Vancouver Neighbourhood Food Networks Communities Working Together for the Right to Food

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by Rory Sutherland, Staff at DTES NH

nder the pressure of globalization, current food systems are driven towards increased production, efficiency, and profits. The means to fulfill one of our most basic human needs, food, is rapidly falling into the hands of a few massive corporations that have a financial obligation to ignore human well-being, except if it happens to affect the bottom line. This system serves the individual who can afford to eat and encourages alienation and lack of concern for one’s neighbour, who cannot. This is where we might want to ask about basic human rights and the states’ responsibility to protect citizens. In Canada, where 8% of households experience food insecurity, our government still refuses to enact a national right to food strategy. A powerful counter balance to this monster globalized food system and lack of government protection is at the local level. While food is being used as a lever of control on a massive scale, the rapidly growing food justice movement has emerged to challenge. A critical component of this new movement is the understanding of the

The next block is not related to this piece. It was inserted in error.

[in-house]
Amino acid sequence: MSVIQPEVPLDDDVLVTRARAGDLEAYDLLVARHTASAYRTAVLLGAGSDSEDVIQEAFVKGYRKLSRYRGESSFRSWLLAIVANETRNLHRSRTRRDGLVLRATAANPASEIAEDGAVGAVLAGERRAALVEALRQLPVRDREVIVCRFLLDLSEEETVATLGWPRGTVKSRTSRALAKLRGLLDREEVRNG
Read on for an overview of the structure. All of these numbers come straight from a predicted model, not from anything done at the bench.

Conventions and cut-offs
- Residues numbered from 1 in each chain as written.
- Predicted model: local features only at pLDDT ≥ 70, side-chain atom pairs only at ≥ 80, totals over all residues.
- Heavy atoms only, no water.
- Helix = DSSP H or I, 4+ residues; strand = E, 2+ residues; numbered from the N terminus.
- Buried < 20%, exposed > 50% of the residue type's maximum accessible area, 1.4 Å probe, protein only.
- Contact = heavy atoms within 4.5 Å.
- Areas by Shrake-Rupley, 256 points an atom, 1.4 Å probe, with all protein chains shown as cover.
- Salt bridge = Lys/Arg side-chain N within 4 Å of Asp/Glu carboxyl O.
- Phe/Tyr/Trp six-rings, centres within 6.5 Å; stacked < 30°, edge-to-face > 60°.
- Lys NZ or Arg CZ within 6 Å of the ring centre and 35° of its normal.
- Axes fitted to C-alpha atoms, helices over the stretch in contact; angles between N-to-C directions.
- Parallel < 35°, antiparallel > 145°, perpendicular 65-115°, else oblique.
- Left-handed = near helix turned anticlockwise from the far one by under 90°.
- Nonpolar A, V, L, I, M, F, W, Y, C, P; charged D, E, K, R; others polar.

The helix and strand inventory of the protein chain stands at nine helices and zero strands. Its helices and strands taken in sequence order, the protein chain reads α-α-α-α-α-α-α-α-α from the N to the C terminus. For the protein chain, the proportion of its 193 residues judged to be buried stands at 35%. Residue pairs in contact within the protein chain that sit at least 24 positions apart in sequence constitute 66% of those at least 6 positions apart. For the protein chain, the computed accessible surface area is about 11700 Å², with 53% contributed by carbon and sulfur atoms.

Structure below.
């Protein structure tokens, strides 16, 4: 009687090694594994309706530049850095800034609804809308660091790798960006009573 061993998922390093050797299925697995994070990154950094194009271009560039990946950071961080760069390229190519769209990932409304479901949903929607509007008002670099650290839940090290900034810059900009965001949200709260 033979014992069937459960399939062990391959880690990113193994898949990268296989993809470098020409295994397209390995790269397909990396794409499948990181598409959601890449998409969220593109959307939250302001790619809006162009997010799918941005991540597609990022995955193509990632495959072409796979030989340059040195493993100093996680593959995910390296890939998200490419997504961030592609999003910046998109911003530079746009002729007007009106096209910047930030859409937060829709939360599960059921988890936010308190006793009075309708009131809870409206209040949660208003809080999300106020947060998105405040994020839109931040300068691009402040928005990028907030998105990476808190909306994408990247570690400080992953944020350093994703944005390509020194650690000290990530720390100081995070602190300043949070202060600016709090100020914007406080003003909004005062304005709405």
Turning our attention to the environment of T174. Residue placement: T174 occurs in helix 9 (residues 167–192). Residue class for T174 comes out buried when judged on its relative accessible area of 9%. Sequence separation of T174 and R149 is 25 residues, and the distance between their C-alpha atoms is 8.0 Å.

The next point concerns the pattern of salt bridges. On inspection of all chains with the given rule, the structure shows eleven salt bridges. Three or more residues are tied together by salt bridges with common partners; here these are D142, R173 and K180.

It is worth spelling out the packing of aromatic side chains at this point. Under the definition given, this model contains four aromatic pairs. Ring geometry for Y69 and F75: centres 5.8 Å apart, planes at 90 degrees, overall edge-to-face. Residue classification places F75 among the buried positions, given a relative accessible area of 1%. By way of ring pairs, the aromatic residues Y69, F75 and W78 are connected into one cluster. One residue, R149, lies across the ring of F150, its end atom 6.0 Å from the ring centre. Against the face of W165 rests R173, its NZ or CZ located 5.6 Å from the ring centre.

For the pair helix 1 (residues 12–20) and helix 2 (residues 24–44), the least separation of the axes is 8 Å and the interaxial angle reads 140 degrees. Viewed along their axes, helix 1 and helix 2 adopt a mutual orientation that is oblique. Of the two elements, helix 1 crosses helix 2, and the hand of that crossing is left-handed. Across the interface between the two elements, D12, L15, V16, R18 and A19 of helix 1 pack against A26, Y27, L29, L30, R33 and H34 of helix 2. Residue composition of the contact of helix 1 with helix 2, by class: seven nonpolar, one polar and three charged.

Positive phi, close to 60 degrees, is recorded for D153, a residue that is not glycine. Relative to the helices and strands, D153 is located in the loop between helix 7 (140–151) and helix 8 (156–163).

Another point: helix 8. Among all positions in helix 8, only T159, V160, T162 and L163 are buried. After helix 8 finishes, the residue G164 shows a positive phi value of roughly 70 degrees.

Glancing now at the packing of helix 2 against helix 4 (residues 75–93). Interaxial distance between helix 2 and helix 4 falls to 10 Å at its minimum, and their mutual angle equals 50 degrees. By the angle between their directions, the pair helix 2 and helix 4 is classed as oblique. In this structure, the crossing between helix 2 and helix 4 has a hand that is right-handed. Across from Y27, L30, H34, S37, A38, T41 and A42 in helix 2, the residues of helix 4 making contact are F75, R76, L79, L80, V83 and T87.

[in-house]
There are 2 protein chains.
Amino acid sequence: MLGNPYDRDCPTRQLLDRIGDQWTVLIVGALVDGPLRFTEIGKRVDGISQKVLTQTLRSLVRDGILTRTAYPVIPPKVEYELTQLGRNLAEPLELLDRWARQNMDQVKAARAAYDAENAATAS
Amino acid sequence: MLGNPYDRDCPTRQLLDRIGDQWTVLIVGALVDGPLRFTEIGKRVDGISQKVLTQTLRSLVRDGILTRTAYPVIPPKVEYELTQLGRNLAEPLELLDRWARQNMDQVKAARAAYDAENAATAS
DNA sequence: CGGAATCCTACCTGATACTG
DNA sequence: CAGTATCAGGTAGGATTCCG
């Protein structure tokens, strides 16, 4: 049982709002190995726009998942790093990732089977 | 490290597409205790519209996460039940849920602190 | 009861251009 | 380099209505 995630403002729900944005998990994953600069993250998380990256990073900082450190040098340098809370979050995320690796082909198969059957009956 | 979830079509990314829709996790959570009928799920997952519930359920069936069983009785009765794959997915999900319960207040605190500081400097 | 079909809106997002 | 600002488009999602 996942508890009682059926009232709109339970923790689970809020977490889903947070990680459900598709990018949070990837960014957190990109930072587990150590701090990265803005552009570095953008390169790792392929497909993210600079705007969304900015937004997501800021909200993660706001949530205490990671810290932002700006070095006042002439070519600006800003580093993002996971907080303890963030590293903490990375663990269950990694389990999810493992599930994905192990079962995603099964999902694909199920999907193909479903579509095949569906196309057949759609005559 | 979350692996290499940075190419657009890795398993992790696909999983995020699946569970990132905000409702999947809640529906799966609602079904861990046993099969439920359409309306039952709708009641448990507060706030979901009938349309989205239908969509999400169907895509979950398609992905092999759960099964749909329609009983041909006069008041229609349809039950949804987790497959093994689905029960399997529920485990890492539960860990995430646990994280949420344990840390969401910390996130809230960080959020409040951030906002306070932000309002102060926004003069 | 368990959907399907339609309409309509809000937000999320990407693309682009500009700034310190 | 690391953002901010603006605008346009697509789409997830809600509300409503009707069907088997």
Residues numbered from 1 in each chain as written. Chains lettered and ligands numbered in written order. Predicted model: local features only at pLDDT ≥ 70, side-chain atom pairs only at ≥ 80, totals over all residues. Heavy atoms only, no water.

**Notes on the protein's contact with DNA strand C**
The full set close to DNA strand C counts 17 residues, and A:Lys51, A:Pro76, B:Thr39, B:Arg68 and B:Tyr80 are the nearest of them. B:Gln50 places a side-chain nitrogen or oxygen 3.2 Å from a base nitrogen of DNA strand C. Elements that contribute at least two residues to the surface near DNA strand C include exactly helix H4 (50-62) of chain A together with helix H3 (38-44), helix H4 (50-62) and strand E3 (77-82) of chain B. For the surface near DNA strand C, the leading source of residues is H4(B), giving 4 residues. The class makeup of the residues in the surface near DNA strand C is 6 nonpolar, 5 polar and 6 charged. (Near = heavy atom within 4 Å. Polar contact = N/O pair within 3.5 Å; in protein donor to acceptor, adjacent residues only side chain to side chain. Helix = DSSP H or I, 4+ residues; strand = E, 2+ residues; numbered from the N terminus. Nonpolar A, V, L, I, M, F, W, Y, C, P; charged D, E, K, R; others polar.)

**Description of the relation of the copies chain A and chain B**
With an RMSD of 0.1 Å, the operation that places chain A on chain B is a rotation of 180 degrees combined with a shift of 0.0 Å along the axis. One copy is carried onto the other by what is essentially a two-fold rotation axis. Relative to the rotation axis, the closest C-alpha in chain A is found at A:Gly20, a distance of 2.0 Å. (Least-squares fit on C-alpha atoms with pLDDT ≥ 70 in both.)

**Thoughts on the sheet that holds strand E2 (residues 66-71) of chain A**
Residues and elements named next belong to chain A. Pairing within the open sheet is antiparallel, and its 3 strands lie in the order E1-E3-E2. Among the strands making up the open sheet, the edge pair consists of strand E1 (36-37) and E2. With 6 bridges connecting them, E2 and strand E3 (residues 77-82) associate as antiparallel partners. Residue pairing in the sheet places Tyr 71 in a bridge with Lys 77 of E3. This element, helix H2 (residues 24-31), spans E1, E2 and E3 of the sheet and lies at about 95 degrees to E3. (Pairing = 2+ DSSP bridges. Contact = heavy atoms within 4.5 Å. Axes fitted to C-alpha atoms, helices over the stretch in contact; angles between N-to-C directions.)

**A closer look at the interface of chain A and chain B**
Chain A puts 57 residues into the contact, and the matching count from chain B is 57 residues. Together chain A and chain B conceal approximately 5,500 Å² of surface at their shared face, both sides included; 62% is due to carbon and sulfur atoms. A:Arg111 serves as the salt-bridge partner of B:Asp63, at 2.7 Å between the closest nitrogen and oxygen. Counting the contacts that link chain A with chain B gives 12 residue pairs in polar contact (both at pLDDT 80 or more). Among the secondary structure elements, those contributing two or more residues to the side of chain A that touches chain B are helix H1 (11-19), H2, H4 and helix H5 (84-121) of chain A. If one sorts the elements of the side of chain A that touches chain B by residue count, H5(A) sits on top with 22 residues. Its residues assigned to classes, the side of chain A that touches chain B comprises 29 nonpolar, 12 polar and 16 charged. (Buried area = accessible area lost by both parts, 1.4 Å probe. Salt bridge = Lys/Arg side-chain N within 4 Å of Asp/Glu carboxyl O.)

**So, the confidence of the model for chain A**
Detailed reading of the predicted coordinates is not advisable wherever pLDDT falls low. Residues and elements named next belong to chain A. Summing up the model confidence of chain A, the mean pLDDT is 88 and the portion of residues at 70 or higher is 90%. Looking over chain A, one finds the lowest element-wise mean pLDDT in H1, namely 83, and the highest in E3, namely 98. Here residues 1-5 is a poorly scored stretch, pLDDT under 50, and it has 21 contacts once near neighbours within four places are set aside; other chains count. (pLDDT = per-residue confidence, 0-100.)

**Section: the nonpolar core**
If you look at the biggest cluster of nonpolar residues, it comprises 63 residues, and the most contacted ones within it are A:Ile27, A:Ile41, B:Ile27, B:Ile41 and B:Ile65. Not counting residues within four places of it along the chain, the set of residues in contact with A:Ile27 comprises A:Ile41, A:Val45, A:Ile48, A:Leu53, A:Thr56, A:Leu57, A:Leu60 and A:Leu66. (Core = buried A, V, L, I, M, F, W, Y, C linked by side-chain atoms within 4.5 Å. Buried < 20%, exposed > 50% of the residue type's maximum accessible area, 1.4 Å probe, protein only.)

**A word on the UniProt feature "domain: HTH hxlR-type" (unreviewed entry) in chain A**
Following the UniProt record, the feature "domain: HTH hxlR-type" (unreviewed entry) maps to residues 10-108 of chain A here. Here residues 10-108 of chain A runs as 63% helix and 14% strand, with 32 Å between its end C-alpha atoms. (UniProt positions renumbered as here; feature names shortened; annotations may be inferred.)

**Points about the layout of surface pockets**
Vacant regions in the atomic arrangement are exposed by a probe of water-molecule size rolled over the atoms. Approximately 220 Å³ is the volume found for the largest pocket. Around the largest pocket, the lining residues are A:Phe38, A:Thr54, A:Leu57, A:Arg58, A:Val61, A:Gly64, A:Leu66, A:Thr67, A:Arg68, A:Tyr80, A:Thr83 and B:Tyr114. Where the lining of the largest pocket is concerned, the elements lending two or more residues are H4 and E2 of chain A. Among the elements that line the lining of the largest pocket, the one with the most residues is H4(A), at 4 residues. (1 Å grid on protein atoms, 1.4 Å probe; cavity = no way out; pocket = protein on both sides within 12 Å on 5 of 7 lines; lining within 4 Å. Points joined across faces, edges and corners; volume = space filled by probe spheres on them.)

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importance of facilitating local solidarity and building connections between increasingly fragmented communities. I’m sure the dominant food system (and importance of grassroots resistance to said system) is no surprise to most Zine readers, but you might not have heard of an initiative, directed towards building robust local food systems, that is happening in neighbourhoods across the city: Vancouver Neighbourhood Food Networks (NFNs). The DTES NH Right to Food Network is one of 12 NFNs located throughout Vancouver; each network is unique, but the idea of utilizing food as a tool of community building is something that ties them all together. NFNs increase food security by building community capacity, fostering strong relationships between communities and advocating for the right to food. These networks nurture grassroots community engagement and facilitate leadership development. Local knowledge, talents, and creativity come together to shape a more just local food system. Neighbours are supported to connect with one another